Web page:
Two years into Donald Trump’s term, North Shore voters remain divided, not only on how the president has addressed the important issues facing the country, but what those issues are.

Democrats have given the president a failing grade, saying he has mishandled or ignored opportunities to confront climate change and income inequality.

Republicans, meanwhile point to a strong economy and promises to seal the country’s southern border as evidence Trump deserves a second term.

The dissonance comes as the Democratic field of presidential candidates grows seemingly by the day. Almost two dozen men and women are jockeying for campaign cash and operatives, with the Feb. 3, 2020, Iowa caucuses still months away.

“There is only one candidate that is going to get elected right now the way things are,” said Peabody resident and independent voter Russell Donovan, 70. “Unless he shoots himself in the foot, it will be Trump. The Democrats can spin their wheels all they want and they will be spinning too many wheels.”

Issues such as climate change, health care and education are important to Therese Melden, 60, an independent voter from Manchester.

“Everything else falls within,” said Melden, co-founder of the nonpartisan initiative We Are America the Beautiful, an effort to build community and provide factual information about the issues of the day through talks with experts and dinner gatherings.

Melden says the world is finally recognizing the need for something like the Green New Deal pushed by first-term Congresswoman Alexandria Ocasio-Cortez. The resolution aims to reduce greenhouse gas emissions and move to an economy based on sustainable energy by 2030. Proponents say these solutions could also help solve income and other forms of inequality.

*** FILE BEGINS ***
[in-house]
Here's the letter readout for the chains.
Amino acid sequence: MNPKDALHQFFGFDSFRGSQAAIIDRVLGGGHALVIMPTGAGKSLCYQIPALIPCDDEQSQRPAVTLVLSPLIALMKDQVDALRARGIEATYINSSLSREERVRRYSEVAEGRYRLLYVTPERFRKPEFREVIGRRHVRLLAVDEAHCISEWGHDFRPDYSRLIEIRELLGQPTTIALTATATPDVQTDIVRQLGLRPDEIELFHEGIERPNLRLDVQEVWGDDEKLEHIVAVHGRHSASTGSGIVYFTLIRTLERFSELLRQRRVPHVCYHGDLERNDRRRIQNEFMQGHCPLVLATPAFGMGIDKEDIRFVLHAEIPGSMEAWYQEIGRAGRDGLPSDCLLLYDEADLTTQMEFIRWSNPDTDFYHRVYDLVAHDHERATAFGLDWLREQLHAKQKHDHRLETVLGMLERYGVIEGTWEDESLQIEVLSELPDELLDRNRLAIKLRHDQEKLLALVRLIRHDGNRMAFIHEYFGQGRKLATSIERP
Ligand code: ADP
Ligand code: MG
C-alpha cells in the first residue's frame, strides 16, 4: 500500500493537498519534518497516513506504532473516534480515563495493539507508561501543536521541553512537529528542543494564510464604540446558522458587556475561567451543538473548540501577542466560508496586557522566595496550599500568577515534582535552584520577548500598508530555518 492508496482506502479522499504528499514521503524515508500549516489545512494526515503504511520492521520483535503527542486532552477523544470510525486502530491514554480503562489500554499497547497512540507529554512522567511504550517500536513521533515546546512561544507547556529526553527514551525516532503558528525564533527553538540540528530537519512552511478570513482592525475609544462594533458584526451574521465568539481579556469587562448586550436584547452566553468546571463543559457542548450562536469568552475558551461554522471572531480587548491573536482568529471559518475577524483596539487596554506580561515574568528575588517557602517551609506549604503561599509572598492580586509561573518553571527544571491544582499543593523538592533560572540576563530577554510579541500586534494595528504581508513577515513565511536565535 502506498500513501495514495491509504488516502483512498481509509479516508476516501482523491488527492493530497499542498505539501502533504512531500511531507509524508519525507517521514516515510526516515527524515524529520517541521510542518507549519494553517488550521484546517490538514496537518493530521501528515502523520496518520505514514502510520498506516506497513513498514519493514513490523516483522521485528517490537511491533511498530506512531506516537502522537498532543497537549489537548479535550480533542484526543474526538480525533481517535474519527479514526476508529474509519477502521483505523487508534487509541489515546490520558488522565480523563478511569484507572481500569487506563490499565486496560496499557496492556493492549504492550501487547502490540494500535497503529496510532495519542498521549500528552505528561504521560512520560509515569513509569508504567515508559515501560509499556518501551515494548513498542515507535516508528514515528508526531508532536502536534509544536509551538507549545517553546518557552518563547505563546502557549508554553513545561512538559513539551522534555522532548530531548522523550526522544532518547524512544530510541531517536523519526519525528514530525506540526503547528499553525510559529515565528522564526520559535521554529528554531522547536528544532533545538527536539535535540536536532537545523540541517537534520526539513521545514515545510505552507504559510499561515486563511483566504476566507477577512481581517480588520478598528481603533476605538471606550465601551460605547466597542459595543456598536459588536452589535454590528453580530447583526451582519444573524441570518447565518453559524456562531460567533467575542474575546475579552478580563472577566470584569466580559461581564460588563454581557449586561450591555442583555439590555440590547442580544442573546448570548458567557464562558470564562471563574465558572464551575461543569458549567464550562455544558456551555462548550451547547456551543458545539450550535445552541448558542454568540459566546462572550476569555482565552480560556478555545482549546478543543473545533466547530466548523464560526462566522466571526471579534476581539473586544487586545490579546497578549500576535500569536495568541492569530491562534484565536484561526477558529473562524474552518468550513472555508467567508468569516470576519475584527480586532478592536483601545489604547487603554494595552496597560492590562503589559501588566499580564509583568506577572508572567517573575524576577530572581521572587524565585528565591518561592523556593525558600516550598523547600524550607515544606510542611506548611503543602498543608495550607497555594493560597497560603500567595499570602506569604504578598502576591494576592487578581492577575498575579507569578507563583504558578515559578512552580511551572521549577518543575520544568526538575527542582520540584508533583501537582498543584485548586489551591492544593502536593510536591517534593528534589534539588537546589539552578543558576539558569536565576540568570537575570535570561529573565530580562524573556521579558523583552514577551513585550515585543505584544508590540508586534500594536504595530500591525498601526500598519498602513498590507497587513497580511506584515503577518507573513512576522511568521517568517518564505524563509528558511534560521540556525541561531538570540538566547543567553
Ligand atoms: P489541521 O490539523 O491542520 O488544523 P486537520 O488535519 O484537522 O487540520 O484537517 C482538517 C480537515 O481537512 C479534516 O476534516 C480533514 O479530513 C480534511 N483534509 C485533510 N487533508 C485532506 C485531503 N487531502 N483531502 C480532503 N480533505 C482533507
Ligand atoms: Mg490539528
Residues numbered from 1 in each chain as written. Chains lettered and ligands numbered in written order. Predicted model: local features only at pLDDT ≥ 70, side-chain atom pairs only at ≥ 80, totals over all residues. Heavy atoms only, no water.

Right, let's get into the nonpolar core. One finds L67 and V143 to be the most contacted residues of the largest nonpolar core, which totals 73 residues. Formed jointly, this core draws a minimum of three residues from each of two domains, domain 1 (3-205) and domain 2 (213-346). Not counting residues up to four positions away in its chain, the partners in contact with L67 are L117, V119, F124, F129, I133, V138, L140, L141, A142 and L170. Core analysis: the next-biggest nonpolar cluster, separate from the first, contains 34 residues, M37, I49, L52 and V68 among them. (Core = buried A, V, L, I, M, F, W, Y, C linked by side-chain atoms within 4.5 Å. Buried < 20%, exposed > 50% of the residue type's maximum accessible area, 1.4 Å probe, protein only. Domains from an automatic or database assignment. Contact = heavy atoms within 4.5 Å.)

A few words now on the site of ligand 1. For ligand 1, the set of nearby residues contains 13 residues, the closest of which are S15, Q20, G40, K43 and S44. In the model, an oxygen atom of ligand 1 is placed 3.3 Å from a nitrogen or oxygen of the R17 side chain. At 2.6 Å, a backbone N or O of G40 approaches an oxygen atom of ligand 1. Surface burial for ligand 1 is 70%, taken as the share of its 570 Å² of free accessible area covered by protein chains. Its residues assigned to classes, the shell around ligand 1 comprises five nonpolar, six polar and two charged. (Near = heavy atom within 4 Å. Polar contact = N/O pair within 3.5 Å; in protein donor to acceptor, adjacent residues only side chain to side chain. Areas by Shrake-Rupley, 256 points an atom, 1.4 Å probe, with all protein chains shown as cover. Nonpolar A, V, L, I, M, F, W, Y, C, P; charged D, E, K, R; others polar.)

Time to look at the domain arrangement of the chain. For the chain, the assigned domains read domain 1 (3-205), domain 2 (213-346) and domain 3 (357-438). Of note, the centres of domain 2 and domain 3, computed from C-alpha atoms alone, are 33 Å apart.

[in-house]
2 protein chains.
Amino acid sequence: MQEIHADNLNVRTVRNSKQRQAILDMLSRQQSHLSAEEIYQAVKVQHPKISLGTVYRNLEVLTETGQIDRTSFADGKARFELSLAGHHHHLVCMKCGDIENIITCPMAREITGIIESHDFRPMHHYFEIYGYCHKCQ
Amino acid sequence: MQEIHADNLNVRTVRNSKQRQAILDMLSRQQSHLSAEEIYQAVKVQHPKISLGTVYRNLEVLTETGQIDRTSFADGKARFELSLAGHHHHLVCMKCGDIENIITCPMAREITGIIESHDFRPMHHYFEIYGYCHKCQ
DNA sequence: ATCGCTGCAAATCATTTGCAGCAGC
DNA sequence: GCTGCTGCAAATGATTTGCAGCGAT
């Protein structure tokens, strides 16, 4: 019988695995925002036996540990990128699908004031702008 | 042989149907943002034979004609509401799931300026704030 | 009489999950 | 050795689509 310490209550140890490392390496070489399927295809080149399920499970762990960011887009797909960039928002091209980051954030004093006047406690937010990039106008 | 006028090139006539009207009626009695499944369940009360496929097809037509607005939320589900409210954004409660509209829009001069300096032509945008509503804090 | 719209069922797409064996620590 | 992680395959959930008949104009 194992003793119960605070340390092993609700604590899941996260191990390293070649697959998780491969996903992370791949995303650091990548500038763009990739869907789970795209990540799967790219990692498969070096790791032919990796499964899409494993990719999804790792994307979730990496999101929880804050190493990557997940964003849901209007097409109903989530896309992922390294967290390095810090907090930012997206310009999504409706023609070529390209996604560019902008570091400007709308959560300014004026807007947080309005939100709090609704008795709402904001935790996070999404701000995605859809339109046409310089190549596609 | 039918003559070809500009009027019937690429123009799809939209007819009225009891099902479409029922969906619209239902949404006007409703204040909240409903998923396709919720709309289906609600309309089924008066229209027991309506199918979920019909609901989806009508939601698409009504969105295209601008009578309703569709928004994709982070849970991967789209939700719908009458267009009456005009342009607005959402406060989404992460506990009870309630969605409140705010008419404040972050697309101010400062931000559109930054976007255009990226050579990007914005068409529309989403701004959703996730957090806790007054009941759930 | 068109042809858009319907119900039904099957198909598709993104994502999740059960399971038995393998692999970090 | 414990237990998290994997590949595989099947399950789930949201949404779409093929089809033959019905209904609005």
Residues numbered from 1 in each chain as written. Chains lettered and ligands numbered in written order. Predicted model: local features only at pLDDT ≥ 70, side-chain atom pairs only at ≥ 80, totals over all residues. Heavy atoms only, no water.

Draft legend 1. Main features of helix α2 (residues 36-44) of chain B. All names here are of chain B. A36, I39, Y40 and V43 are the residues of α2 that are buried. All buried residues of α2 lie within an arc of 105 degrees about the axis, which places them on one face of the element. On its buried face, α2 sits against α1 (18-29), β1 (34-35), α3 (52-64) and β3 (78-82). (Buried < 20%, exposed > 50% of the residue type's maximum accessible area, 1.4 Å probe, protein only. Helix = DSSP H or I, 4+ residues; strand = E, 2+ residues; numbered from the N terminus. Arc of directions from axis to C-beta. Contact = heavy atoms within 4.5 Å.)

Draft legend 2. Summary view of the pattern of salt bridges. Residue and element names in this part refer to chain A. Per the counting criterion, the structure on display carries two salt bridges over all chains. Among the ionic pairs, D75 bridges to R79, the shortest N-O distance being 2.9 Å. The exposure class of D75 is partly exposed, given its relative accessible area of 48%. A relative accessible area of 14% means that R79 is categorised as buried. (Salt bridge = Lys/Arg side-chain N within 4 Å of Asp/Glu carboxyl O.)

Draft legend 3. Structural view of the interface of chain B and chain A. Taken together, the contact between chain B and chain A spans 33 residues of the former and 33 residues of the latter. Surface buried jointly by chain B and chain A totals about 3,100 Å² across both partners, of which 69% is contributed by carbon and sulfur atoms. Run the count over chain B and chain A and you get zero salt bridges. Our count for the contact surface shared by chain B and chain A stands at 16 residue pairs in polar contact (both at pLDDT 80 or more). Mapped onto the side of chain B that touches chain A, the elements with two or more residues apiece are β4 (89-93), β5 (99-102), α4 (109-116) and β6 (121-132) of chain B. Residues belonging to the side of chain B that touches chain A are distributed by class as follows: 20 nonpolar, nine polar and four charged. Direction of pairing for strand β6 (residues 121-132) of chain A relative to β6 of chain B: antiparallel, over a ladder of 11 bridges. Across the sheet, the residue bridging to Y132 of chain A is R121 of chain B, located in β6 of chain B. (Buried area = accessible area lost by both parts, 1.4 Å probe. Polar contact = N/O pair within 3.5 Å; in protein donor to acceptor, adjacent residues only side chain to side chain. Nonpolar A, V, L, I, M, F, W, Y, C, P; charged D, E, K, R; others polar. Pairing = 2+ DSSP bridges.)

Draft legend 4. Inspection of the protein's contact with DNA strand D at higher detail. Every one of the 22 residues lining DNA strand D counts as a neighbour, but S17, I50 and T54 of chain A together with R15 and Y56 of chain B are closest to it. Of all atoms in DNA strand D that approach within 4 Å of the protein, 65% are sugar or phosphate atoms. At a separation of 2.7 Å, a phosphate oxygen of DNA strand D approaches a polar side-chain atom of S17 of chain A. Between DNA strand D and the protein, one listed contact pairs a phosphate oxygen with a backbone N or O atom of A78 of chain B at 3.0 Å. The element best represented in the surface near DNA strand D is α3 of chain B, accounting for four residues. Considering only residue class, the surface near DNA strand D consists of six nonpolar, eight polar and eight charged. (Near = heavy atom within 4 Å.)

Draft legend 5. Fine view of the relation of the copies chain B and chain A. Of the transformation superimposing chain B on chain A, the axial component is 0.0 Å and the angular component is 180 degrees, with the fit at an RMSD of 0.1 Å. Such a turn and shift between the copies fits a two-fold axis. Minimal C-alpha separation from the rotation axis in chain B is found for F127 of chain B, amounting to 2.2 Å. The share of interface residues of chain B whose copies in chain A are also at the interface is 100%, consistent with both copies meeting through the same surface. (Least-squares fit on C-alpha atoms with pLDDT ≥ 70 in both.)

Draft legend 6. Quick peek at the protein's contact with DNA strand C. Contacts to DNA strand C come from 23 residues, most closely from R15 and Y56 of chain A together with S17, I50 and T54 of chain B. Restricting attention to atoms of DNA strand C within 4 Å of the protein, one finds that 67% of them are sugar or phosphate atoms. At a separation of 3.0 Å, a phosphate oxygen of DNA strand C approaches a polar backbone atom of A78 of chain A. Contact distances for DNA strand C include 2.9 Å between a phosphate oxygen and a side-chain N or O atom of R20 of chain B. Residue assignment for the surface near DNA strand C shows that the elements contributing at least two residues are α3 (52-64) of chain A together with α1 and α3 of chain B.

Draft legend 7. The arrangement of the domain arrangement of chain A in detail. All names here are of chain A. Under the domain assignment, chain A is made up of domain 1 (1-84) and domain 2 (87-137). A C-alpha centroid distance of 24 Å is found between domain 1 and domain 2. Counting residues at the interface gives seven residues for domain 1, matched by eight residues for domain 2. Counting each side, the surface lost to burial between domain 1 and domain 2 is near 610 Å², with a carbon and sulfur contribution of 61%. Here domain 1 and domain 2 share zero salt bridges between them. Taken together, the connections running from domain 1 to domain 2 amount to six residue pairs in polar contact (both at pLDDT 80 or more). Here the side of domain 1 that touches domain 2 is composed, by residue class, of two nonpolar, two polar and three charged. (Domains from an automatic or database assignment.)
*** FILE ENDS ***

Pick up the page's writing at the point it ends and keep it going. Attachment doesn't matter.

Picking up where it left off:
“Climate affects our health. It affects jobs. It affects immigration ... In order for us to be sustainable and not be dependent on countries like Venezuela and Saudi Arabia for oil,” Melden said.

Immigration is on Donovan’s mind as well, but for a different reason.

“Right now, unfortunately, Congress won’t work with the president and the president is adamant with protecting our borders and our sovereignty and he’s right,” the retired General Electric employee said. “We have a porous wall. We have a porous border and everybody in New England can see that, and I think it’s a national issue that is not going to change. There is no ifs, ands or buts.”

Donovan said the economy will drive people to the polls in 2020.

“Trump, as he does in his inimitable way, says ‘I brought jobs to the United States. I’m bringing jobs back,” Donovan said. “And people see it in their paychecks that they now are working. It might be people have a full-time job instead of two part-time jobs with no benefits.”

Democrat Shirley Raynard, 77, of Middleton, said economy will bring out the vote — as citizens move to correct decades of economic inequality.

“The haves are doing very well,” the former director of the Flint Public Library said. “The have-nots are doing very poor, and the middle class is getting squeezed between them.”

Health care a priority

One area Democrats and Republicans agree is the need for health care reform. They are far apart, however, on how to address the issue.

Donovan said insurance should not be the paramount issue; rather, it should be the cost of health care. He questions why drug companies are allowed to advertise expensive drugs to the general public, driving up the cost of the medications.